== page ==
A Journey – Part 14

Book Cover

+JMJ+ I’m writing a work of historical fiction set in New Testament times with characters from the Bible, mostly, with some large lacunae filled in with my own imagination. This is a rough draft of what will, I hope, become a novel. Other parts of the story are linked on the Fiction page.

A Journey – Part 14

Early Morning, Sixth Day, Friday

I’ve been trying to find out where they took him after they arrested him. I wanted to be able to tell his mother something definite if I could find her to tell her I still wanted to help. I can’t ask Nico. He and Joseph are meeting with the Sanhedrin. They’ve been out of touch with me all night and this morning, too. This is not good news.

I did find her, in the garden, in the same spot where her son prayed the night before. I didn’t have the heart to speak to her then, I told myself I didn’t want to disturb her prayer. How do I know she was praying? Oh, she was praying, alright. She was praying harder than I’ve ever seen anyone pray, anyone except her son, that is. Her prayer was accompanied by many tears, but there was no recrimination in her weeping. Only sorrow. A deep, heartbreaking sorrow that even now moves me to my own tears remembering it. And I do not cry easily.

I wanted to speak to her about the crazy story going around, that he healed a severed ear, that he had done what no one but the Lord–or, some say, a demon–could do. But I could not ask. I’ll try to find his disciples and talk to them. I noticed that she was alone in the garden. Not one of his disciples was there with her. I don’t know who I feel more sorry for, her or him. How could they leave her alone like that at a time like this?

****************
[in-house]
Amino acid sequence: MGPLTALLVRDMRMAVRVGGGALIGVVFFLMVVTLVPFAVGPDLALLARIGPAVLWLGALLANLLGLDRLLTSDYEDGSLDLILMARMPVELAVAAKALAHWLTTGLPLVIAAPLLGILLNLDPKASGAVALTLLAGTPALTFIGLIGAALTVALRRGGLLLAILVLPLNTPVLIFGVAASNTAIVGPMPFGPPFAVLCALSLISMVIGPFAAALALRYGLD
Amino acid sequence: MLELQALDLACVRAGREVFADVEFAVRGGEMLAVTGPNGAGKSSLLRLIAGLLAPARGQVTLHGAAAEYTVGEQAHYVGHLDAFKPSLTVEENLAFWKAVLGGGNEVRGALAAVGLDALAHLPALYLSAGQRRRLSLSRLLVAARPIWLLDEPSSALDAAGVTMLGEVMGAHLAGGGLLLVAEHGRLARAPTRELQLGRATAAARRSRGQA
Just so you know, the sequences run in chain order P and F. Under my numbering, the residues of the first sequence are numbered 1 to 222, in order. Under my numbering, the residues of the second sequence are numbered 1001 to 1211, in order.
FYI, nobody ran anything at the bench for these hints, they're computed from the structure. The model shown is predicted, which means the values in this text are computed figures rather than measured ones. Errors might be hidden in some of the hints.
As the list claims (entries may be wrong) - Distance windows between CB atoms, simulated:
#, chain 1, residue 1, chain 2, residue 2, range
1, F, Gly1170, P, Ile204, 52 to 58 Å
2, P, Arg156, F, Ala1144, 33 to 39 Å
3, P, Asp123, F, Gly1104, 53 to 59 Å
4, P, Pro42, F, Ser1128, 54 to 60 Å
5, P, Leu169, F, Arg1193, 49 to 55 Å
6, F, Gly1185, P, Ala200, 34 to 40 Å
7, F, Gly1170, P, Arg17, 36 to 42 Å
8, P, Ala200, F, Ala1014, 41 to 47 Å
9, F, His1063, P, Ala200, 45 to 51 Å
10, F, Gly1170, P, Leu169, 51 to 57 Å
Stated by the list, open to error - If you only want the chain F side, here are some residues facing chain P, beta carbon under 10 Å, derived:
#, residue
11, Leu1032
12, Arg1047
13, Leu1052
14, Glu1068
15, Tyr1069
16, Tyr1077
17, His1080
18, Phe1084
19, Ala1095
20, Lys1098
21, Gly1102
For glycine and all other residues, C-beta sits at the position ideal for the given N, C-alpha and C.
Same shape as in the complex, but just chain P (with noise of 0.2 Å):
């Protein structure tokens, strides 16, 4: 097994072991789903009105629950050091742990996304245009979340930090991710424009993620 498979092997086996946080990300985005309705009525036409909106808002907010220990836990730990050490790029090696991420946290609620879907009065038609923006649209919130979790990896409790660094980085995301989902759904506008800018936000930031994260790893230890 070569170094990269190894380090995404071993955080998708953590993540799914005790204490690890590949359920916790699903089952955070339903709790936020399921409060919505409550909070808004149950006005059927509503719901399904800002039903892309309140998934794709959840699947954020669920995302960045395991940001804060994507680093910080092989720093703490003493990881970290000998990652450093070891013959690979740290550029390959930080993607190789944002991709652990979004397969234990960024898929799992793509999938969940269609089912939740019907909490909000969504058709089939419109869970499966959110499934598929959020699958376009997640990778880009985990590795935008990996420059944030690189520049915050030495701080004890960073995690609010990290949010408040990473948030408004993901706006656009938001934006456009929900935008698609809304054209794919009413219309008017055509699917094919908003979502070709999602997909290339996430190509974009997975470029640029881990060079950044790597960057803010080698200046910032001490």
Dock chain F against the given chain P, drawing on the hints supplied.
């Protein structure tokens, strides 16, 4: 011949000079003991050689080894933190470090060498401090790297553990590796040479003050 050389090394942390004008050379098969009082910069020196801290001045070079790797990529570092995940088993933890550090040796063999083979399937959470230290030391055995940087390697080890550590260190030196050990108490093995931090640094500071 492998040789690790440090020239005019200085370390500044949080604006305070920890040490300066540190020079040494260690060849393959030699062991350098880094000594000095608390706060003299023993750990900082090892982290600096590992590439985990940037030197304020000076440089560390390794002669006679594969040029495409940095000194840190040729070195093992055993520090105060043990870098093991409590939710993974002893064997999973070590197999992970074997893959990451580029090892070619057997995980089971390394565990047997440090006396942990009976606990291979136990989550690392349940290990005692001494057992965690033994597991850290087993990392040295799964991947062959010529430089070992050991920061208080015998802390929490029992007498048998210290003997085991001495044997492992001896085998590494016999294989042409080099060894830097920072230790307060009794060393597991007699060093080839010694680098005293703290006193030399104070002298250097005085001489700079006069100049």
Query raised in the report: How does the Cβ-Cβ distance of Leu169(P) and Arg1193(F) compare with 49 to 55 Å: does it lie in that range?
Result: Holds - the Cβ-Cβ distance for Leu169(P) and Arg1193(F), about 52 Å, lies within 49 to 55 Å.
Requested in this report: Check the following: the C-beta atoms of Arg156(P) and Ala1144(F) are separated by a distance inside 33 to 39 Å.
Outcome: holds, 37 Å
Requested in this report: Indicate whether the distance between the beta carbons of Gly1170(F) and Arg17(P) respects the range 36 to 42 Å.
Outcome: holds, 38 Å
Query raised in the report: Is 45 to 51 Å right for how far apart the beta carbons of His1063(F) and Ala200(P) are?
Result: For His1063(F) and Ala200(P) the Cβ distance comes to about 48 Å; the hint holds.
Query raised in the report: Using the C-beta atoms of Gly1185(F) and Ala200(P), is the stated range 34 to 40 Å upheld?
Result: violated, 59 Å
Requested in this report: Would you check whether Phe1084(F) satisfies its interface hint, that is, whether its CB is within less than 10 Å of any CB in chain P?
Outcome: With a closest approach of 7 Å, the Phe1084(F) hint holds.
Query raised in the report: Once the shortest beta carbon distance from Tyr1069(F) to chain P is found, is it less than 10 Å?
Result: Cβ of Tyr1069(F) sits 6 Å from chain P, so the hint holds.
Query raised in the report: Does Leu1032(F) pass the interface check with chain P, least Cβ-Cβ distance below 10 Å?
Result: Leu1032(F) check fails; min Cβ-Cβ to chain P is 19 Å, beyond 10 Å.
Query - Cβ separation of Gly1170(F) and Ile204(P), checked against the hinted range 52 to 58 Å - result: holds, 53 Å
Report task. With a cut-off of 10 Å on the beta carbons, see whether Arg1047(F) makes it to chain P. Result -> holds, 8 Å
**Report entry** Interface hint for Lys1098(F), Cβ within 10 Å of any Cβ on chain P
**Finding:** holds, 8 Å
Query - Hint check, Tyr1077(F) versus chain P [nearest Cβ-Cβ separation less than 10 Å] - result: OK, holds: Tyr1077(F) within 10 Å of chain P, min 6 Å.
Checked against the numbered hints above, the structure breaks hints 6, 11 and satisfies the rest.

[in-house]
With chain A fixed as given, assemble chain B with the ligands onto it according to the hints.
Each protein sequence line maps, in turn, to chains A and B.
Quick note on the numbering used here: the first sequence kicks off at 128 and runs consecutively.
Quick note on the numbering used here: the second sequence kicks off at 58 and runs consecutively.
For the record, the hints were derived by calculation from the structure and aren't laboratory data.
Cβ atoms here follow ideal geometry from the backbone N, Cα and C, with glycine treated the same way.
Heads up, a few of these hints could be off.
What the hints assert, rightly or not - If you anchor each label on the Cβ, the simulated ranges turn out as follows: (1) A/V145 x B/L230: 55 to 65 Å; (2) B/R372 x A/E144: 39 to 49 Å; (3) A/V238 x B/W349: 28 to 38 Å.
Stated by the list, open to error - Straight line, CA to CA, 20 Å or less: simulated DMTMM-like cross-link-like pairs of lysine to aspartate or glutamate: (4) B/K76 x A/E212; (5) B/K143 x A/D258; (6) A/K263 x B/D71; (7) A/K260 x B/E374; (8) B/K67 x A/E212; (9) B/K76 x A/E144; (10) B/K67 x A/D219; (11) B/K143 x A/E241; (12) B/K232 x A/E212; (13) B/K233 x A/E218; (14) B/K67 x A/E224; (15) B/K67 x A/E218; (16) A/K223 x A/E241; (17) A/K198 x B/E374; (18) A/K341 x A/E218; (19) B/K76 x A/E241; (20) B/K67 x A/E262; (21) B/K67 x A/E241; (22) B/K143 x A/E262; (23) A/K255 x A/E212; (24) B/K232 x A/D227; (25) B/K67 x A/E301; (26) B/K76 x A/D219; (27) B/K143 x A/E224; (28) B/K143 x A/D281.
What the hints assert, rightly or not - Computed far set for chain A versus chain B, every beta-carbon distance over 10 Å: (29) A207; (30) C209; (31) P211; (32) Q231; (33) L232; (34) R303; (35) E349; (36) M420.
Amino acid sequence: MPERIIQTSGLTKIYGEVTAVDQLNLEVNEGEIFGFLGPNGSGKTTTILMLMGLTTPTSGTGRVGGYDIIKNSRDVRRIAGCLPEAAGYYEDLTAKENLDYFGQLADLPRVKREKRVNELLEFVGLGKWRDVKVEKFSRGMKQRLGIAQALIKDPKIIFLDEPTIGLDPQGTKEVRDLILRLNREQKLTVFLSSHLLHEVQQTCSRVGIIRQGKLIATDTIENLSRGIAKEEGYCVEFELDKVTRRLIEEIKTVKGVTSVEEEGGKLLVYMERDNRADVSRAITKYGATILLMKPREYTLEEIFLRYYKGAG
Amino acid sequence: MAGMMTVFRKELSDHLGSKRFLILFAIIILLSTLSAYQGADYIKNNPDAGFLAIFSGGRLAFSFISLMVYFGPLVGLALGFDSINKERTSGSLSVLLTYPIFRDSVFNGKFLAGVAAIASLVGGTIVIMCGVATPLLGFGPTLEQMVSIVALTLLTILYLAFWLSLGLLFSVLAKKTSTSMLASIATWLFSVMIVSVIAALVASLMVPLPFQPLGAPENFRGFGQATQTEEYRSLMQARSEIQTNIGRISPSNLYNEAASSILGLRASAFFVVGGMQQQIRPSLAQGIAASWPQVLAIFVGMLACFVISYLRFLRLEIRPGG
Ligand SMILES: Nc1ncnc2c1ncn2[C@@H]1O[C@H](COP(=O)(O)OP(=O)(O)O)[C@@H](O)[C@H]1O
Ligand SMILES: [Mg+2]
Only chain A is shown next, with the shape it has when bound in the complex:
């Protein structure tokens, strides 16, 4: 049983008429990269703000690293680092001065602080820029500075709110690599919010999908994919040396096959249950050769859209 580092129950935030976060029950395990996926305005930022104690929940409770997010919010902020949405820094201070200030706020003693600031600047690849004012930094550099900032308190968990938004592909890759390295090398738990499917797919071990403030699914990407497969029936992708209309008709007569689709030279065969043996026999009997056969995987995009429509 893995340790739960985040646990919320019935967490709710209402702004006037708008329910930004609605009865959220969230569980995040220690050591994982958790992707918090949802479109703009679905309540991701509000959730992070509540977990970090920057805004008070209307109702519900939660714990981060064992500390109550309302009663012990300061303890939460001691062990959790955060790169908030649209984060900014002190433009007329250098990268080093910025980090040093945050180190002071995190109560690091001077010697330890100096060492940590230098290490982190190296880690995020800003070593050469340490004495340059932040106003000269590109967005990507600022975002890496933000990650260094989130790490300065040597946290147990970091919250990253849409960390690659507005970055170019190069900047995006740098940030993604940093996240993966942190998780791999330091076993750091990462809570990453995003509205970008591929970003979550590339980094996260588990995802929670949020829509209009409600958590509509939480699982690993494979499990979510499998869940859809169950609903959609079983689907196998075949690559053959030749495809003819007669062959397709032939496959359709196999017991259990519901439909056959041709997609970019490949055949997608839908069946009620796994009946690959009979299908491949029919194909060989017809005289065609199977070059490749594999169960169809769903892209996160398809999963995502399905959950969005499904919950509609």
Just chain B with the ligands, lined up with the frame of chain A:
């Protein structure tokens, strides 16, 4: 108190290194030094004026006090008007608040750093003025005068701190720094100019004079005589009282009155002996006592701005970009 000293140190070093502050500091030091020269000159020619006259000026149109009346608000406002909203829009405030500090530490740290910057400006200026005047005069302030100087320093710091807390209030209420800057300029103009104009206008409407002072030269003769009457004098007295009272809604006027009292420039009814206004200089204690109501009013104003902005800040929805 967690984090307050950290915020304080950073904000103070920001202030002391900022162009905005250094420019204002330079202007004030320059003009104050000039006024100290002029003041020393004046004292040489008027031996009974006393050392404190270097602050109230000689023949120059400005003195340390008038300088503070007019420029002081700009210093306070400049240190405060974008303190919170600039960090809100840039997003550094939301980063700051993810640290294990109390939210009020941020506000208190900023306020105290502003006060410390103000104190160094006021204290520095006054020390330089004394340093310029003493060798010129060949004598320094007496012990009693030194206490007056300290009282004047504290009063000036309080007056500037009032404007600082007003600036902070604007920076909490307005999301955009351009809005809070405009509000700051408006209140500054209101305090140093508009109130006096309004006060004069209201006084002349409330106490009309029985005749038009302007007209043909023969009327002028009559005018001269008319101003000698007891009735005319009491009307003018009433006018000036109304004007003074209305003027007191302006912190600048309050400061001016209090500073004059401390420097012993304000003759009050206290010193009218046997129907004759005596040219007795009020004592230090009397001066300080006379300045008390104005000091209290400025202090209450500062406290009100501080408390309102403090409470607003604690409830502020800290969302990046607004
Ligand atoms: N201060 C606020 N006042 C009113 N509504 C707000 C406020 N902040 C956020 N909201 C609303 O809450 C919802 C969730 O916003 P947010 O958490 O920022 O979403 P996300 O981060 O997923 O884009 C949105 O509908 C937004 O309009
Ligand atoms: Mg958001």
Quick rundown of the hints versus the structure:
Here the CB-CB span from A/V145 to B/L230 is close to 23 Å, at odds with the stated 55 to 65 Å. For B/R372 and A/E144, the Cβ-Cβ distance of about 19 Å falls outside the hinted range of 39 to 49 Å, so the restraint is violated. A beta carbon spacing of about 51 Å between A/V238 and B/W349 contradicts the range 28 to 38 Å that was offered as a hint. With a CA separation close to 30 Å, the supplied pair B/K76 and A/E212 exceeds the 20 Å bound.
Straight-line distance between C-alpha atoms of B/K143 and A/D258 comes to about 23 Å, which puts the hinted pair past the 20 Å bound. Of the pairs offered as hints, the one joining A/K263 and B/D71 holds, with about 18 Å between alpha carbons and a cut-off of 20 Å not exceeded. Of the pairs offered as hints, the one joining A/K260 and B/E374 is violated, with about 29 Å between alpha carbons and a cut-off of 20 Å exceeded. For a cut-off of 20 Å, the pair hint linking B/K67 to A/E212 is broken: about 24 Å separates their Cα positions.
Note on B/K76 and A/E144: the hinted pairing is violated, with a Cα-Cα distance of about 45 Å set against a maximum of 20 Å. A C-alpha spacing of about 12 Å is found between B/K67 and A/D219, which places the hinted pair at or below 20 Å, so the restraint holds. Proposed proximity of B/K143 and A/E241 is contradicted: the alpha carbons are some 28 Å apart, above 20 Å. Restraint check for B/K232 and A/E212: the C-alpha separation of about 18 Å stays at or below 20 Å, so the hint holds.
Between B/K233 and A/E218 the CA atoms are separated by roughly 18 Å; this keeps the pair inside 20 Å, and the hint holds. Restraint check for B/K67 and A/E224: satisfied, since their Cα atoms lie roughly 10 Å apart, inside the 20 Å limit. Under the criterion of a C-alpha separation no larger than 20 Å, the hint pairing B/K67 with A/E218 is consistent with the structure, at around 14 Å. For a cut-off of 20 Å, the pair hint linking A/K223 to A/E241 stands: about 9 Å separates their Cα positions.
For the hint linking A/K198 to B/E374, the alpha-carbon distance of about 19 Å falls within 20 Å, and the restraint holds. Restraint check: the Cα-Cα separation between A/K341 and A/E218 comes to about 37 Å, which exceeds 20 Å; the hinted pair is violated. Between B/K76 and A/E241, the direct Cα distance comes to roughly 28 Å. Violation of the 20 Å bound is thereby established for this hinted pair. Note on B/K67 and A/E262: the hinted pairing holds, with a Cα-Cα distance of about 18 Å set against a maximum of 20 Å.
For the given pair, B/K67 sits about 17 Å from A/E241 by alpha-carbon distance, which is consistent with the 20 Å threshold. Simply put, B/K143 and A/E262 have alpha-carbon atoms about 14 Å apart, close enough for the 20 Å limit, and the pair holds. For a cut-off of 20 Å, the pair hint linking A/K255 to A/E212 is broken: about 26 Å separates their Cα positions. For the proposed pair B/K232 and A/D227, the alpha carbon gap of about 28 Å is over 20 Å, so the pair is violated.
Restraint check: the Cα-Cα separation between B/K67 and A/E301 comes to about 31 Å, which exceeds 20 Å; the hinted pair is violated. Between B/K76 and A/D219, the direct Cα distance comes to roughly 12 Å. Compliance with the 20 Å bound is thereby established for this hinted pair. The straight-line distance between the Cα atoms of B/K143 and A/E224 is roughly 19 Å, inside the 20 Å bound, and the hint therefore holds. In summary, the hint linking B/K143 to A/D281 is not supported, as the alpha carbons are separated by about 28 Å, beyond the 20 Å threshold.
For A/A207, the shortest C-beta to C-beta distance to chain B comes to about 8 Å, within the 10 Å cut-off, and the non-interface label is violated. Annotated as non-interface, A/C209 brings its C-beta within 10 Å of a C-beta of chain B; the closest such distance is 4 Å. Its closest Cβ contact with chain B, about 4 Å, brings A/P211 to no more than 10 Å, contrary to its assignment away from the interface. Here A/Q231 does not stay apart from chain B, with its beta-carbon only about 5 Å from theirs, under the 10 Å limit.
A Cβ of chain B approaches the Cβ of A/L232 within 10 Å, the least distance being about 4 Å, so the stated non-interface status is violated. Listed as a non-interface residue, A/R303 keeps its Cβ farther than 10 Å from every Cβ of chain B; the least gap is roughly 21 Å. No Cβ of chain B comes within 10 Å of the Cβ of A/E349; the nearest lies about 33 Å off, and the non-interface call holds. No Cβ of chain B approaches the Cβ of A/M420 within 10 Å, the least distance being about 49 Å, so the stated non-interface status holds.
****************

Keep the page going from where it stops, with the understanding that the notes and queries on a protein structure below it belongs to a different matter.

I found Rachel. I wanted to know if she’d heard any news but before I could ask her anything, but when I saw the state she was in, I stopped. I’ve never seen her like that. She could barely speak. I bade her sit and rest, and had some wine brought even though the hour was so early, but she couldn’t or wouldn’t drink. She finally did manage to utter one word and it sounded like thunder in my ears.


No! Not this!

“Condemned. For blasphemy.”

The words were hard for her to say, no less difficult for me to hear. We both knew what this meant. To be condemned for blasphemy is to be condemned to die, and die in a horrific way. The chief priests and the Pharisees have plotted against him and they have won. The Pharisees! I am a Pharisee and I have always been proud of it. But right now I am sickened at the thought that I have been happy to be one. That I counted it an honor. 

I know I am going to be sick. I can’t drink the wine either. Take it away, I tell the servants. Then I think of the healing of the ear and what that must mean, and I wonder, out loud so my sister can hear me, why anyone who can do the things he seems able to do, would let himself be arrested. Why let himself be accused and condemned of blasphemy? Surely he will not allow them to carry out their plan. Surely he will not allow them to kill him.